Written by: Brett Power, CFA®, CFP®, MBA
The stock market has once again hit new all-time highs. This is in no small part driven by last week’s Fed rate cut and other accommodative measures. How should investors react to the rising market, and can the Fed be expected to support markets for the foreseeable future?
As is always the case, it’s important for investors to maintain perspective on this year’s market rally. After all, it was merely a year ago that the market nearly fell into bear market territory amid investor fears of a recession. The fact that the economy has been able to grow at roughly 2% is a prominent reason that markets rebounded. However, it’s also clear that growth has slowed in the U.S. and globally. Despite new record highs for many market indices, it’s likely to be a prudent decision for investors to stay balanced.
This is due to the fact that long-term investors know that market volatility can strike at any time, as we’ve seen over the past few years. Fed rate cuts, now totaling three in a row, can keep markets happy for a time, but not indefinitely. At the moment, the Fed isn’t expected to cut rates again this year, but the nature of the “Fed put” is that investors expect the Fed to come to their rescue when needed. With fewer policy tools available that only work with a lag, and with a variety of economic forces causing uncertainty, it could be increasingly difficult for the Fed to meet the expectations of each investor.
Thus, investors should maintain a keen eye and consider what they wish for in today’s market. Even if Fed stimulus helps in the short run, this usually does not bode well for investors in the long run. This is why long-term investors, who can afford to be both patient and disciplined, should continue to remain balanced across asset classes to navigate global uncertainty.
Below are a number of charts that put the stock market rally, Fed rate cut, and overall economic conditions in perspective. This update is part 1 of 3. Today, we will be focusing on equities, their recent performance, and valuations in a historical context.
The chart below shows the global stock market performance. Global markets pulled back at the end of last year on the heels of global growth concerns. While volatility around trade wars and slower growth could continue for some time, this should not faze long-term investors. Many of our investors may have noticed our smaller- than- normal allocation in foreign markets over the past year. The allocation toward domestic stock paid off as the U.S. market growth far surpassed developed international. We are watching developments overseas, as well as the currency markets (which can have a significant impact on foreign stock prices) and looking for an opportunity to allocate back into international markets more heavily.
The stock markets of the major regions have taken very different trajectories since 2008. The U.S. market has risen dramatically, leading to stocks that are sitting at above-average valuations. International stocks, on the other hand, are still cheaper in relative terms. Emerging markets, in particular, have just recently begun to rally. While the valuations are more attractive overseas, they face unique challenges and have historically experienced more volatility (specifically in the emerging markets space). When looking for opportunities many investors look for lower valuations. Basically, a lower valuation implies that the stock is “cheaper”. However, this doesn’t necessarily mean that a price increase is around the corner. Since 2012, investments outside the United States have generally had lower valuations, yet their performance has been lackluster. This is probably not a surprise to those who follow the news regarding developments in Europe and Asia. Another factor that cannot be overlooked is the strength of the dollar – especially when considering emerging markets. Most of the debt held by these fast-growing, debt ladened countries is dominated in U.S. Dollars. When the dollar is strong it requires more local currency to fund the debt payments. As we track the opportunities of lower valuations in emerging markets, we are looking for signs that the U.S. dollar could weaken and provide a boost to their economies.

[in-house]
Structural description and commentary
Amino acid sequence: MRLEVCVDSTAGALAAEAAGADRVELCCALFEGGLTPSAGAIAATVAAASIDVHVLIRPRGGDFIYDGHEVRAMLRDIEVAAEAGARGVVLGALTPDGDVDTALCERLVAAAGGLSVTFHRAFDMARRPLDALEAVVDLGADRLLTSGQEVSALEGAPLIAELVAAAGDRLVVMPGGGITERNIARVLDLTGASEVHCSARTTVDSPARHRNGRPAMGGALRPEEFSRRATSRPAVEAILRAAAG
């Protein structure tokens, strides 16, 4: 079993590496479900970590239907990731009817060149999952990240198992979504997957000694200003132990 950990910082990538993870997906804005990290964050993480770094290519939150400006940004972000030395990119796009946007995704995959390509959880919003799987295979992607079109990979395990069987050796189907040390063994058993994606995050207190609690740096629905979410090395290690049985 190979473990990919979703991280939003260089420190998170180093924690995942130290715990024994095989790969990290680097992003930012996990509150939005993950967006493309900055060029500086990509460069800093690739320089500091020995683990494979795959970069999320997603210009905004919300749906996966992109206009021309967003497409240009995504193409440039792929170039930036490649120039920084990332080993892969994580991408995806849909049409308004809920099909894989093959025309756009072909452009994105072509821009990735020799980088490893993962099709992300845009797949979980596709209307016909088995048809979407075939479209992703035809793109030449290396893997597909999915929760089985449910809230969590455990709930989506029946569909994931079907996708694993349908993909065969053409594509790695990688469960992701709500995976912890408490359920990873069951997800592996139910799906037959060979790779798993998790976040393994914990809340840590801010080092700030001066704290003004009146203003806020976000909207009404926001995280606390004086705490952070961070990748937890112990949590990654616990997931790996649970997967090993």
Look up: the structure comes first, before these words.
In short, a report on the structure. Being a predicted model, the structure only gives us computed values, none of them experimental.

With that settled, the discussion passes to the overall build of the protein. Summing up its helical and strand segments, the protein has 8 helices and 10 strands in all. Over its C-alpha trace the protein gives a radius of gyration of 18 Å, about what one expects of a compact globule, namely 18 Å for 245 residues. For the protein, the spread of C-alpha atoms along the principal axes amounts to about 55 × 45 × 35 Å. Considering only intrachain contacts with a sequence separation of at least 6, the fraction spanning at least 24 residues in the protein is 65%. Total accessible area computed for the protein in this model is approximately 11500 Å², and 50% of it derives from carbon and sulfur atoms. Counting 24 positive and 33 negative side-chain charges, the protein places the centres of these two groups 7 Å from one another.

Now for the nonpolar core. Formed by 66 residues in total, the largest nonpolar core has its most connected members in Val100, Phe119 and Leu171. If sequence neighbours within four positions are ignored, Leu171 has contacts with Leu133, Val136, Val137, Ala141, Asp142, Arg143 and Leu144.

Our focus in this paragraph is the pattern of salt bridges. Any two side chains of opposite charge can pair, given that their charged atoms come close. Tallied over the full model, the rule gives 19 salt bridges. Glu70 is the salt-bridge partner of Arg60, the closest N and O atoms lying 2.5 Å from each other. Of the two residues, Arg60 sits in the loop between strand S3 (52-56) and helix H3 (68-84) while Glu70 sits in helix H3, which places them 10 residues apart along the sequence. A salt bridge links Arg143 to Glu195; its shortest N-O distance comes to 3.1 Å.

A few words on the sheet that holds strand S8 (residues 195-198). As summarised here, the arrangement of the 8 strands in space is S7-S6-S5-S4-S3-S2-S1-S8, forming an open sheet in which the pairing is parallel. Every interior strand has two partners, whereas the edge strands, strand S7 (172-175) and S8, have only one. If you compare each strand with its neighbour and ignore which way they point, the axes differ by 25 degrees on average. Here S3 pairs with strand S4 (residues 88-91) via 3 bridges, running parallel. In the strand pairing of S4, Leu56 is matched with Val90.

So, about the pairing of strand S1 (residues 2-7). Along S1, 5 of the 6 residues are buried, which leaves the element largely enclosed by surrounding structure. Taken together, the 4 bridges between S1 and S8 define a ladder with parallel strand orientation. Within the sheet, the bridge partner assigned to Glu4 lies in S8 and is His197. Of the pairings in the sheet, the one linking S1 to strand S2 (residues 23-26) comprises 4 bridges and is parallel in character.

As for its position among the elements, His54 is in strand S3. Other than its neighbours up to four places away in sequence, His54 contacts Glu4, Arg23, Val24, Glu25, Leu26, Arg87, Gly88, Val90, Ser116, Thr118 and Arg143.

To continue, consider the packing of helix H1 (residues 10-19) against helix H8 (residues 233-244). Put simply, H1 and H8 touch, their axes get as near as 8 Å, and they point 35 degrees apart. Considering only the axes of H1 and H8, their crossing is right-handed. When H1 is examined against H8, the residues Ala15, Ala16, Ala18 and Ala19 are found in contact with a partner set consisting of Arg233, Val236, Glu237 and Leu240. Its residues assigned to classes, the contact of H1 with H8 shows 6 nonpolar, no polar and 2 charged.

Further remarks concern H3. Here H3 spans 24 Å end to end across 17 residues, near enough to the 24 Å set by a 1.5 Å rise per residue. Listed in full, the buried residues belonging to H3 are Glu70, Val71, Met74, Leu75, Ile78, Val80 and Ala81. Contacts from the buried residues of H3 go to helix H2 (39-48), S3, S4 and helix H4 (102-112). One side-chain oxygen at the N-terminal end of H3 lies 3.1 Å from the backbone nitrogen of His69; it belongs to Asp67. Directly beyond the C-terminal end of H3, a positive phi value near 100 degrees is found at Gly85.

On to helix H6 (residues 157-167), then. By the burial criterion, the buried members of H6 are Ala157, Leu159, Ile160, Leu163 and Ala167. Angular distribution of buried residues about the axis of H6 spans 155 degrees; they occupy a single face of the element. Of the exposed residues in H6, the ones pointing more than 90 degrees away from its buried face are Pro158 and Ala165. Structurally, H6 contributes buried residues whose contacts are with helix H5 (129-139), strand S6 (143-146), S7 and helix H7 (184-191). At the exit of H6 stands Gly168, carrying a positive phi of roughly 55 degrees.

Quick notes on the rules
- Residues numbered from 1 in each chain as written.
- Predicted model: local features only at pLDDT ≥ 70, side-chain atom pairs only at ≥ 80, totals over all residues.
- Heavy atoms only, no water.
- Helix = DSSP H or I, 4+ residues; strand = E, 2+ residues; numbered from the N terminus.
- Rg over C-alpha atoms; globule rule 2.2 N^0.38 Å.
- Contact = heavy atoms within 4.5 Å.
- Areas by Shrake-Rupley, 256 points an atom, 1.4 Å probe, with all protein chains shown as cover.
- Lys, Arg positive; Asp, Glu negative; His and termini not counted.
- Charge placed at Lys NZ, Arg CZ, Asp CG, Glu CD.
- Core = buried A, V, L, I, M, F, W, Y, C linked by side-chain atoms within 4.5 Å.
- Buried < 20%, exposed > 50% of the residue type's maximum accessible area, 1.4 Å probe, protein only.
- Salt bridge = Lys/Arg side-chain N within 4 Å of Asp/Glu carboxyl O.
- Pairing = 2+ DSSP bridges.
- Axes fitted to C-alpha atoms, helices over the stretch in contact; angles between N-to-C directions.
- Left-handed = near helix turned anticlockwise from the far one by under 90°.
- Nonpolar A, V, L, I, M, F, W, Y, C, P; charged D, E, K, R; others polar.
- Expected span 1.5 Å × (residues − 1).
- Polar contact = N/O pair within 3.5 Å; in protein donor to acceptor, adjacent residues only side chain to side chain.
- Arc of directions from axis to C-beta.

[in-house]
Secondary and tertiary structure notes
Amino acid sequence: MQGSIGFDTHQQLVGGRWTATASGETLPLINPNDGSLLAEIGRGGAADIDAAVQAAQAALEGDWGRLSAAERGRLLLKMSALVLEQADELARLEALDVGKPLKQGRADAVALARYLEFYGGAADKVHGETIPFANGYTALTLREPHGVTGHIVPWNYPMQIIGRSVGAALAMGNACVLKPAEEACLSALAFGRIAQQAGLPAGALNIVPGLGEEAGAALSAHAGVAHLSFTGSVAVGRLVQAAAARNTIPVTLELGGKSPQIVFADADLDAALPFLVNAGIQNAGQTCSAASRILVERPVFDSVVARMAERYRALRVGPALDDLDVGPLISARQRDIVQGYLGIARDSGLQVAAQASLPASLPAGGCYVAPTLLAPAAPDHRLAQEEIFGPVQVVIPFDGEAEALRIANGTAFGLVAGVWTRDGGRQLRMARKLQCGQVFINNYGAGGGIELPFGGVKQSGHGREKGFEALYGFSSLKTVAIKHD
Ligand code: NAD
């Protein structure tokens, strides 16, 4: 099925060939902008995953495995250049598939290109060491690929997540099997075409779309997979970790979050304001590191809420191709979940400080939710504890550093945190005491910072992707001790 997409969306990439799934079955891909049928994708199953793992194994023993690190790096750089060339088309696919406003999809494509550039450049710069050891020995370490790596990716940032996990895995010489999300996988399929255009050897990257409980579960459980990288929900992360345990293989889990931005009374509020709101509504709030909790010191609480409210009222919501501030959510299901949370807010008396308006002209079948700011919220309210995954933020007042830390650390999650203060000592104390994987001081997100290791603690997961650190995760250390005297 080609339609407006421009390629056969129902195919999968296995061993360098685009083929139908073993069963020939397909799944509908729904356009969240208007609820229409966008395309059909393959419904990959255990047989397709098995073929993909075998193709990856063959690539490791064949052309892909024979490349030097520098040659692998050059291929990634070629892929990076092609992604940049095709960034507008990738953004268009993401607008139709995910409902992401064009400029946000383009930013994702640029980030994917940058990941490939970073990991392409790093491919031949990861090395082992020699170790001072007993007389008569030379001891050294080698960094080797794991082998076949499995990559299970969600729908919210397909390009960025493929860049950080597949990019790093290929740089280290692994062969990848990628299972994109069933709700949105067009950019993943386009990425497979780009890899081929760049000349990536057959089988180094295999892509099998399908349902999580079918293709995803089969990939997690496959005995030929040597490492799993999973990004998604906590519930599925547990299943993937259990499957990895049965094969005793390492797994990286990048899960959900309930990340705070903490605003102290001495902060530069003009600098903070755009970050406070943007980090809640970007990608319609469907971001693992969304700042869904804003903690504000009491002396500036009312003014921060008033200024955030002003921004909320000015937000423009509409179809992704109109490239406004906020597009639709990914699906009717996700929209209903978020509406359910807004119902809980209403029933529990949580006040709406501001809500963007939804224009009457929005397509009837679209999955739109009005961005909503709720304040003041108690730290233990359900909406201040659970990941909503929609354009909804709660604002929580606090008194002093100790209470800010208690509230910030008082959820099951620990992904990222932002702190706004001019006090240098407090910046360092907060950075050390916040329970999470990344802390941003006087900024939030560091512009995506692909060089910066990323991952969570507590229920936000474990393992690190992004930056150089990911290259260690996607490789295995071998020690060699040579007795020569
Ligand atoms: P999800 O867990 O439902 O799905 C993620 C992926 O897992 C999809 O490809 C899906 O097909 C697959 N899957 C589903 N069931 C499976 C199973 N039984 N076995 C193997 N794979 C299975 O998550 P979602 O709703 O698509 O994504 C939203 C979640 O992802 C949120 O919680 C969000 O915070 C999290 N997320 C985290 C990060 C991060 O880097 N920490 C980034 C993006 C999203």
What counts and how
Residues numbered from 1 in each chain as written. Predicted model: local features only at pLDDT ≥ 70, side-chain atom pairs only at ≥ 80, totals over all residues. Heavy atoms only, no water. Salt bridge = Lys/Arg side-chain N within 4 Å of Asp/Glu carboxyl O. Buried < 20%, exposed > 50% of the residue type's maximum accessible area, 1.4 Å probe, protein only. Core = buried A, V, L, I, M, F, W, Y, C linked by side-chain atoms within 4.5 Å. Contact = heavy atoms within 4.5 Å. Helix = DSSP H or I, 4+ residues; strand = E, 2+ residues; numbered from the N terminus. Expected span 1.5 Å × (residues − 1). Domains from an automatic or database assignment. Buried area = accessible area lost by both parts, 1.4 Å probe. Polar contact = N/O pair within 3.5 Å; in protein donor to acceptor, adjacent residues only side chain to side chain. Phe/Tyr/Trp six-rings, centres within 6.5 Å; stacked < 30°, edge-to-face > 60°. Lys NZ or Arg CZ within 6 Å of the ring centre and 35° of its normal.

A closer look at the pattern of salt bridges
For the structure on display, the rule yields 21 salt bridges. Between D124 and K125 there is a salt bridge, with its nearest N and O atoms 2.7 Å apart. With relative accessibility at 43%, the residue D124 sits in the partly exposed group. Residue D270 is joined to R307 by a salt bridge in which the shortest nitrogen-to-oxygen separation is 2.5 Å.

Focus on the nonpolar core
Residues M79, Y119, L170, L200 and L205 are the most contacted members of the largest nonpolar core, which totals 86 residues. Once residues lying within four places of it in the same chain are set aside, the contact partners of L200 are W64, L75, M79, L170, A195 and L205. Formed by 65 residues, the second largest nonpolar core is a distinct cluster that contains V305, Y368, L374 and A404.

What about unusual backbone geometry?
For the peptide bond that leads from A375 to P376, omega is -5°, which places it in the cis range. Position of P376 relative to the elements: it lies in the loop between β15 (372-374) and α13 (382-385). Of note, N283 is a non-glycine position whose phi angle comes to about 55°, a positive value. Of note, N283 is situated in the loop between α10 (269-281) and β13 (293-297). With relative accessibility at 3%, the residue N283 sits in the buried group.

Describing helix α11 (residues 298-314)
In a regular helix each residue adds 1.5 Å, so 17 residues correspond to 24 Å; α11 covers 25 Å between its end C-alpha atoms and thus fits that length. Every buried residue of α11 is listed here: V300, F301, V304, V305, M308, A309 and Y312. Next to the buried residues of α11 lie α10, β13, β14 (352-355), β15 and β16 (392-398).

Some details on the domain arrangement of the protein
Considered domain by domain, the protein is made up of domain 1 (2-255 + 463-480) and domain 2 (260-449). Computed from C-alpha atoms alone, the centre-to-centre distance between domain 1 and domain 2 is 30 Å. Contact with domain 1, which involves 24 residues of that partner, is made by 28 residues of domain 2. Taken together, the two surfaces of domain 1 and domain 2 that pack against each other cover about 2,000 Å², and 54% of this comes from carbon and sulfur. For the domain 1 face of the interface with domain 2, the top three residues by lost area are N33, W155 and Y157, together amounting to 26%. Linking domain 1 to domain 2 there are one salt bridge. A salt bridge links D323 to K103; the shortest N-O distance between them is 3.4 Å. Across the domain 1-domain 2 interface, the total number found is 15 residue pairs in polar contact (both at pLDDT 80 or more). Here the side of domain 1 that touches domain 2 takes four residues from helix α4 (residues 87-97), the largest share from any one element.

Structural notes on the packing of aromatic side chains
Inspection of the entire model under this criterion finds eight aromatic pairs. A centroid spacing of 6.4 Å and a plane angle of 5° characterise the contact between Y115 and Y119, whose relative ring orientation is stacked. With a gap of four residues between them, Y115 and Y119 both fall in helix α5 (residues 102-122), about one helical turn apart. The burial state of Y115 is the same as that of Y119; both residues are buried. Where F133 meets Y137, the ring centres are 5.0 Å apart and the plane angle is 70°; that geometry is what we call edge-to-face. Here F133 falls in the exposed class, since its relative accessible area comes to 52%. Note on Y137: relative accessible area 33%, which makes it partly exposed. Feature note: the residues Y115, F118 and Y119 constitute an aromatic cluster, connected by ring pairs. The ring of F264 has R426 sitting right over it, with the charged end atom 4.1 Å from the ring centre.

Below, you will find a chart of the S&P 500[i] sector returns. Sector returns have varied significantly as a result of global market volatility. Some cyclical sectors have pulled back as investors worry about global growth, trade and the Fed. Technology has remained resilient and posted an incredible 35% return year to date (thank you all for buying iPhones). One of the key factors in effective portfolio management is proactive rebalancing (keeping your allocation in place as prices move over time)[ii]. It has become critically important to not only rebalance across size and style (large companies and small companies – Value and Growth) but also across sectors.